Friday, 5 June 2020

My Immigration Journey Part 4

The Bone, acrylic, 16" x 20"

Blog 13

At the beginning of my second year in Canada, I was focused on our little puppy Jessie and the organisation of our dream wedding. Our little family had settled into our new home and a routine. Once a week, I went to the Ottawa School of Art for painting classes. At home, I also created many teddy bears. I even knitted sweaters and sewed skirts for some of the bears. When I arrive in Germany in mid-May, I still had lots to organize: from flowers to the wedding cake, musicians to the menu. However, I felt that I had everything under control. Only days later, I would see how little control we have in life. On May 26, both my grandmother was taken to the hospital after she had not been feeling well for a couple of days. On the same day, our precious Jessie had run into a car and needed to stay at the animal hospital. Luckily, both my grandmother and our little puppy recovered.

Ingo came a couple of days later, and we prepared for days of celebrating. We started with the “Polterabend” with friends, colleagues, and neighbours. The next day, we went to Weilburg with our parents and some close relatives to listen to a piano concert by Mozart in the church of the Weilburg castle. The following day, we held a welcome party for relatives of the Peters family at my parents' house. Finally, on Saturday, June 8, 1996, we celebrated our dream wedding. If you would like to read more about our German wedding, I encourage you to read the following blog: from 2016. In short, we celebrated for four fabulous days.

After the festivities, it was hard to leave again. Only the reunion with Jessie made the arrival in Canada easier. I had missed my little puppy so much. She was my first pet, and I treated her like my first-born.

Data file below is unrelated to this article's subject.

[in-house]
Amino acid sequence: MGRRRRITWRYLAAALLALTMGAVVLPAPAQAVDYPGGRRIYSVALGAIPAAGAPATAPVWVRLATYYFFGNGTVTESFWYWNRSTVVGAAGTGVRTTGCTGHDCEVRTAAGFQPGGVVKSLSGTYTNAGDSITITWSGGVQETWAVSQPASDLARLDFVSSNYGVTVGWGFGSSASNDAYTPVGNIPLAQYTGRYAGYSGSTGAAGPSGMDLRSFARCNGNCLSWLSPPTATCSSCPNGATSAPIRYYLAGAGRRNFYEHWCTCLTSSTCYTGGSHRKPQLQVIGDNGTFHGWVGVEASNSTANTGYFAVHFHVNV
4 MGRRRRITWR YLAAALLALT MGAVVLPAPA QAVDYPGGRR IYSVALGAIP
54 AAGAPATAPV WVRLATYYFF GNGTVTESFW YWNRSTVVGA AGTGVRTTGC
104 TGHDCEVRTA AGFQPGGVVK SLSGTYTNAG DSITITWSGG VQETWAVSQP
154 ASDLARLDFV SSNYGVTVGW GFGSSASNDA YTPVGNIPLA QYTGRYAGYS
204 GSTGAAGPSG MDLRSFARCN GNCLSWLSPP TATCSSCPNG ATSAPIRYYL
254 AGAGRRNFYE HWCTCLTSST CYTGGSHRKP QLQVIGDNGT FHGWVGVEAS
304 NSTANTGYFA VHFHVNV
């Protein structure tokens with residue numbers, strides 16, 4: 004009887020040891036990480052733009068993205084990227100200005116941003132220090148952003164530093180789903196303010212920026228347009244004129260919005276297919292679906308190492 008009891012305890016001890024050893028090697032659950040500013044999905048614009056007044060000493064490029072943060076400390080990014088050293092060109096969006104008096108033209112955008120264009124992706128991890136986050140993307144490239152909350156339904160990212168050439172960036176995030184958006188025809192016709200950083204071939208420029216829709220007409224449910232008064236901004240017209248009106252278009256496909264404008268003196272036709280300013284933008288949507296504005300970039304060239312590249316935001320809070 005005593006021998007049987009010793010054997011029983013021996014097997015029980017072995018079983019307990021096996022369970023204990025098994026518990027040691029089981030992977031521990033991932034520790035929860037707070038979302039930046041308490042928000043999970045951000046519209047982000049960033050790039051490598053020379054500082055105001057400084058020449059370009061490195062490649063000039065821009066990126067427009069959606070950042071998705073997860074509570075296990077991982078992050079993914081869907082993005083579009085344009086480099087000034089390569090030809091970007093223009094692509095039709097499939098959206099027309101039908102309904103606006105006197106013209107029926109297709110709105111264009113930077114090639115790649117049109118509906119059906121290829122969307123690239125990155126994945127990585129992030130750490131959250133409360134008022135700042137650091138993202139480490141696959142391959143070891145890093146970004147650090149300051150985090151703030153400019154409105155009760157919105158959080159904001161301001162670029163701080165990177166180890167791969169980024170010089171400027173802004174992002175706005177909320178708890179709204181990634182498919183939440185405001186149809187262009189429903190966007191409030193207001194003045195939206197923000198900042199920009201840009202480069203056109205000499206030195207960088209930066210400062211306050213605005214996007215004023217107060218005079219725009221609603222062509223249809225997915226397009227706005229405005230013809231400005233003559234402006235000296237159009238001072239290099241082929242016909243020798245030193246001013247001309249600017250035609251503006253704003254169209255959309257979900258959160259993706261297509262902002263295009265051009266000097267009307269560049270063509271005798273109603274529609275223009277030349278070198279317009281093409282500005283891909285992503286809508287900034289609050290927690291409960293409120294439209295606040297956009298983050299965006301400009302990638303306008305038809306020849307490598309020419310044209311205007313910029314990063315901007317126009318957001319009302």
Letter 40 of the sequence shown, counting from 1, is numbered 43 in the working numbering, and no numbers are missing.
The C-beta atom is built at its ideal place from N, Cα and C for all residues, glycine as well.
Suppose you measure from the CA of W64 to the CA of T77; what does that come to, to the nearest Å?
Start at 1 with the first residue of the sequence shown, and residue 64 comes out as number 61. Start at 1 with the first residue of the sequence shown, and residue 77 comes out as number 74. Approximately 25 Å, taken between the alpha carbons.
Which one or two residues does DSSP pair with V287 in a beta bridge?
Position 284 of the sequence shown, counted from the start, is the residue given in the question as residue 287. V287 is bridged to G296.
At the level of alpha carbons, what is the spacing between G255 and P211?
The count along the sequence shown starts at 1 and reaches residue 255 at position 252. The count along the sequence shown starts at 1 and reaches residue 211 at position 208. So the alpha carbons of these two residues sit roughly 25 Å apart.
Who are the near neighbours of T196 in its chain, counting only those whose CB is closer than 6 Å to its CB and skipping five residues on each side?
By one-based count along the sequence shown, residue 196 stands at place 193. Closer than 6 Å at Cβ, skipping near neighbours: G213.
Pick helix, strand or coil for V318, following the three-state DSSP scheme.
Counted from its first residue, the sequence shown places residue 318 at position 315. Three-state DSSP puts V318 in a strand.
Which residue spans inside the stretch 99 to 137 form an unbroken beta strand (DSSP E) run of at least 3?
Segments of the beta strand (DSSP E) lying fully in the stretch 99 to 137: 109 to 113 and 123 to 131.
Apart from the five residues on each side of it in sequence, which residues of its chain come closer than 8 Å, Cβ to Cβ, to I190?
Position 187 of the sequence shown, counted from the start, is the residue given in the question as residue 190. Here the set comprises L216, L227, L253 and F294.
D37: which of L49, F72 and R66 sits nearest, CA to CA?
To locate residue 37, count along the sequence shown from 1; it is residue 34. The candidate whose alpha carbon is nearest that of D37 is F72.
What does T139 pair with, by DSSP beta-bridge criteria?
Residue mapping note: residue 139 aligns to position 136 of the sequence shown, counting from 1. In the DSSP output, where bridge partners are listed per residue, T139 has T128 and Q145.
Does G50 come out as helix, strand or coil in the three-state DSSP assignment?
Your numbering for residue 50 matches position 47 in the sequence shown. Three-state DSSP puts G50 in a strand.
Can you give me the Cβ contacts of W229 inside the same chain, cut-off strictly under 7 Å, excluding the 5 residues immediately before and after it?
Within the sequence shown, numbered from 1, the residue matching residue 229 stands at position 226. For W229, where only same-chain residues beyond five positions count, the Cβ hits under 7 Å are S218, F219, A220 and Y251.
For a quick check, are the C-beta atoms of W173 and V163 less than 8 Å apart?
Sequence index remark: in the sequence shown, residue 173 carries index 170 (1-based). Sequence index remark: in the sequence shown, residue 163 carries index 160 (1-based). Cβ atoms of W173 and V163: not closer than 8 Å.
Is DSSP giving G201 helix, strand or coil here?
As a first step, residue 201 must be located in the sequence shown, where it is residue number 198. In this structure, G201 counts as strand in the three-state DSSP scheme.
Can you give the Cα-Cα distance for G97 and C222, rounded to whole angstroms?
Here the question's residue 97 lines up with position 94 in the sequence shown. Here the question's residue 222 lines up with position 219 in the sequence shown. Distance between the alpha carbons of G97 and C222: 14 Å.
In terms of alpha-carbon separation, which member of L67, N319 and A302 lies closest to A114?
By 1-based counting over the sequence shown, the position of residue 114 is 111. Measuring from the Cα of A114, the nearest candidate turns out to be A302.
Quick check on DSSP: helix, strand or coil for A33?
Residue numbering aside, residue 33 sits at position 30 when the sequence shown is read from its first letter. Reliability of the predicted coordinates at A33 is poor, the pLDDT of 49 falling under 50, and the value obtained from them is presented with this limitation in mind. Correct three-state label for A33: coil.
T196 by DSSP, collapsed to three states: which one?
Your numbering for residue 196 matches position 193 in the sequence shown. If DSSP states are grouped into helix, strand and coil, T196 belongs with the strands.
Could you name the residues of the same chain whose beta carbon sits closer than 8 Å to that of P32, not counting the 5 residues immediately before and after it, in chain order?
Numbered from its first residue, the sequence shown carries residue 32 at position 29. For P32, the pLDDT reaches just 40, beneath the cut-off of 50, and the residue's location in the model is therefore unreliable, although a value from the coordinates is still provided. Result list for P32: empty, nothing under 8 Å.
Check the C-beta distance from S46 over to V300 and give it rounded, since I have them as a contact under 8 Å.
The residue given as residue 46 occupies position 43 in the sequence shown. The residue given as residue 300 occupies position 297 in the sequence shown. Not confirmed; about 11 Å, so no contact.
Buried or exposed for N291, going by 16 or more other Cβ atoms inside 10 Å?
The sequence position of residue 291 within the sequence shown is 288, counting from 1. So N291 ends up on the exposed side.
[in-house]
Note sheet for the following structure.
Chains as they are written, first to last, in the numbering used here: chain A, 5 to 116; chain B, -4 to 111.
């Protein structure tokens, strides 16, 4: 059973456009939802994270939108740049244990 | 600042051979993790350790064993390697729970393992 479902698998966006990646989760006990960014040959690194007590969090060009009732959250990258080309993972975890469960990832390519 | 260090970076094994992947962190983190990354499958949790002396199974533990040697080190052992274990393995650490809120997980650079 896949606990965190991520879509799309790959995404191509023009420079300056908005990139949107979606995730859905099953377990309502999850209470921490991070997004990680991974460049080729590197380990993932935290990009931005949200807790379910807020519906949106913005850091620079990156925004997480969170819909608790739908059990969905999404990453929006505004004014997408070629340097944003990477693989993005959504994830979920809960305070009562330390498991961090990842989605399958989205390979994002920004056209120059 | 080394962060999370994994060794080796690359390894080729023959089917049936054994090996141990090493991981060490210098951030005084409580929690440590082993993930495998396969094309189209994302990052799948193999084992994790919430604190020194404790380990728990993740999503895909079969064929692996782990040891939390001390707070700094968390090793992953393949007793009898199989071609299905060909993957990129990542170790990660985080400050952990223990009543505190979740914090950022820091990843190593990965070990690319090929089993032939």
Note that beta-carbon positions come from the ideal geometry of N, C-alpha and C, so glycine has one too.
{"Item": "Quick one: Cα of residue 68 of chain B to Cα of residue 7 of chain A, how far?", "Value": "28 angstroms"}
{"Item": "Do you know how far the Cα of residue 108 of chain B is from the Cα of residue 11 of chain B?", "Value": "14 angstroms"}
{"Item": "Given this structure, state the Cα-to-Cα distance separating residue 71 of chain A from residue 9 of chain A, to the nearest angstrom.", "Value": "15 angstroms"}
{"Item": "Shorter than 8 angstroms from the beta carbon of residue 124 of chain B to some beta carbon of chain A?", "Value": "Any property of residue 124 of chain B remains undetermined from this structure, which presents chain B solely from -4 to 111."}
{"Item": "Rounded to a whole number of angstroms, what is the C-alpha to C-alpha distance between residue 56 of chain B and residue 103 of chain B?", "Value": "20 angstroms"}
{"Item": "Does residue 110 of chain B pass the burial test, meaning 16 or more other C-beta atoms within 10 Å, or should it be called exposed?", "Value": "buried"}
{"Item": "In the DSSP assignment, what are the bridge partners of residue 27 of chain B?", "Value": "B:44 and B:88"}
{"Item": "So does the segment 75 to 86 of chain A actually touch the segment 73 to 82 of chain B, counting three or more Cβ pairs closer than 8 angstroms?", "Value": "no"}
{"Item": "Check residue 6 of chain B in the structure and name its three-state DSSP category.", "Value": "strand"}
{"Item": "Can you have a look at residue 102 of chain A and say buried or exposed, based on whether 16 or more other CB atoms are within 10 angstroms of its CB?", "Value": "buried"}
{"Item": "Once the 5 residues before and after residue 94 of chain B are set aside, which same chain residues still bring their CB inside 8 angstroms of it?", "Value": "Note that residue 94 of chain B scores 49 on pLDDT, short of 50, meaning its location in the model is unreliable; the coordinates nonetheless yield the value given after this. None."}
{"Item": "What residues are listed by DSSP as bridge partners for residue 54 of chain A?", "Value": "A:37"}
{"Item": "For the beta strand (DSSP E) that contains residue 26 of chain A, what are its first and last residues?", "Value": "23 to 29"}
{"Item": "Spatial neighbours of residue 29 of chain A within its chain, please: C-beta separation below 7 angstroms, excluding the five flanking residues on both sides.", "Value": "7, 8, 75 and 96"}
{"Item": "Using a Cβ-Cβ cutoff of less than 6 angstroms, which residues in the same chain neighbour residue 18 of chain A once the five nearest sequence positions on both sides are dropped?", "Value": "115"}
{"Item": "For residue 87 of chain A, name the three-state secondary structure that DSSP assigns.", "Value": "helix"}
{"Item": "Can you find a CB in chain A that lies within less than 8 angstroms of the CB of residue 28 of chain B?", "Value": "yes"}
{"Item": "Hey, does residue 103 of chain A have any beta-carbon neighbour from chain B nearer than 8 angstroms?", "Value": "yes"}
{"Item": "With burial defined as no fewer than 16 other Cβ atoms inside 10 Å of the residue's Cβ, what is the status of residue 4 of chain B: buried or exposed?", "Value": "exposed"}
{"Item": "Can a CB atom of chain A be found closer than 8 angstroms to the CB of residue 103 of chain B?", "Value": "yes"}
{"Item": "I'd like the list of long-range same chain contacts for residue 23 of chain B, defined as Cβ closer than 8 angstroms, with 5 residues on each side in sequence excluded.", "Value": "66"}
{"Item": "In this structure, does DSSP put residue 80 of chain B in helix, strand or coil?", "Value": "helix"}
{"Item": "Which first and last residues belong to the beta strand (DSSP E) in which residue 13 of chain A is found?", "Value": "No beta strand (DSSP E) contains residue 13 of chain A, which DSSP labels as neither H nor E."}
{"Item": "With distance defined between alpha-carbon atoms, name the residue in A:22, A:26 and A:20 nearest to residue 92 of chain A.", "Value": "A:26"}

The farewell was also made easier by the visit of my friend Britta who arrived less than three weeks later. It was wonderful to have someone to talk with for a whole week. As Britta and I have been friends since grade 1, we are quite close. We can talk about anything. Until the fall, three more German friends visited us.

I enjoyed these visits immensely, as I had a hard time to make friends in my new environment despite joining the Orleans Newcomers Club. A lot of the members were in the military and very focused on their immediate family. It did not help that Ingo was not interested in building close friendships. He was happy to spend some time with two of his colleagues for sports and the occasional beer.

I needed to establish more connections with people without Ingo‘s help. As I had enjoyed my time at the Ottawa School of Art in the spring, I decided to register again for an art class in the fall. I hardly painted alone. One time in late August, I went with Ingo and Jessie to a place that I had wanted to paint for a long time. After I was finished, I was surprised to see that the painting looked better than I had expected.

When I had started painting again after years of sacrificing my art to my heavy workload, I was shocked at my lack of skills. Slowly but surely, my technique improved and I regained some of the skills from my previous art education. I am not sure what happened to most of the paintings that I created during my first years in Canada. It would be interesting to see my improvement.

People have told me how lucky I am to have so much talent but practice makes perfect. Whether you paint, learn a language or exercise, you have to keep practicing to maintain or strengthen your skills. If you are looking for fun workshops to improve your creative expression, please check out my summer schedule at

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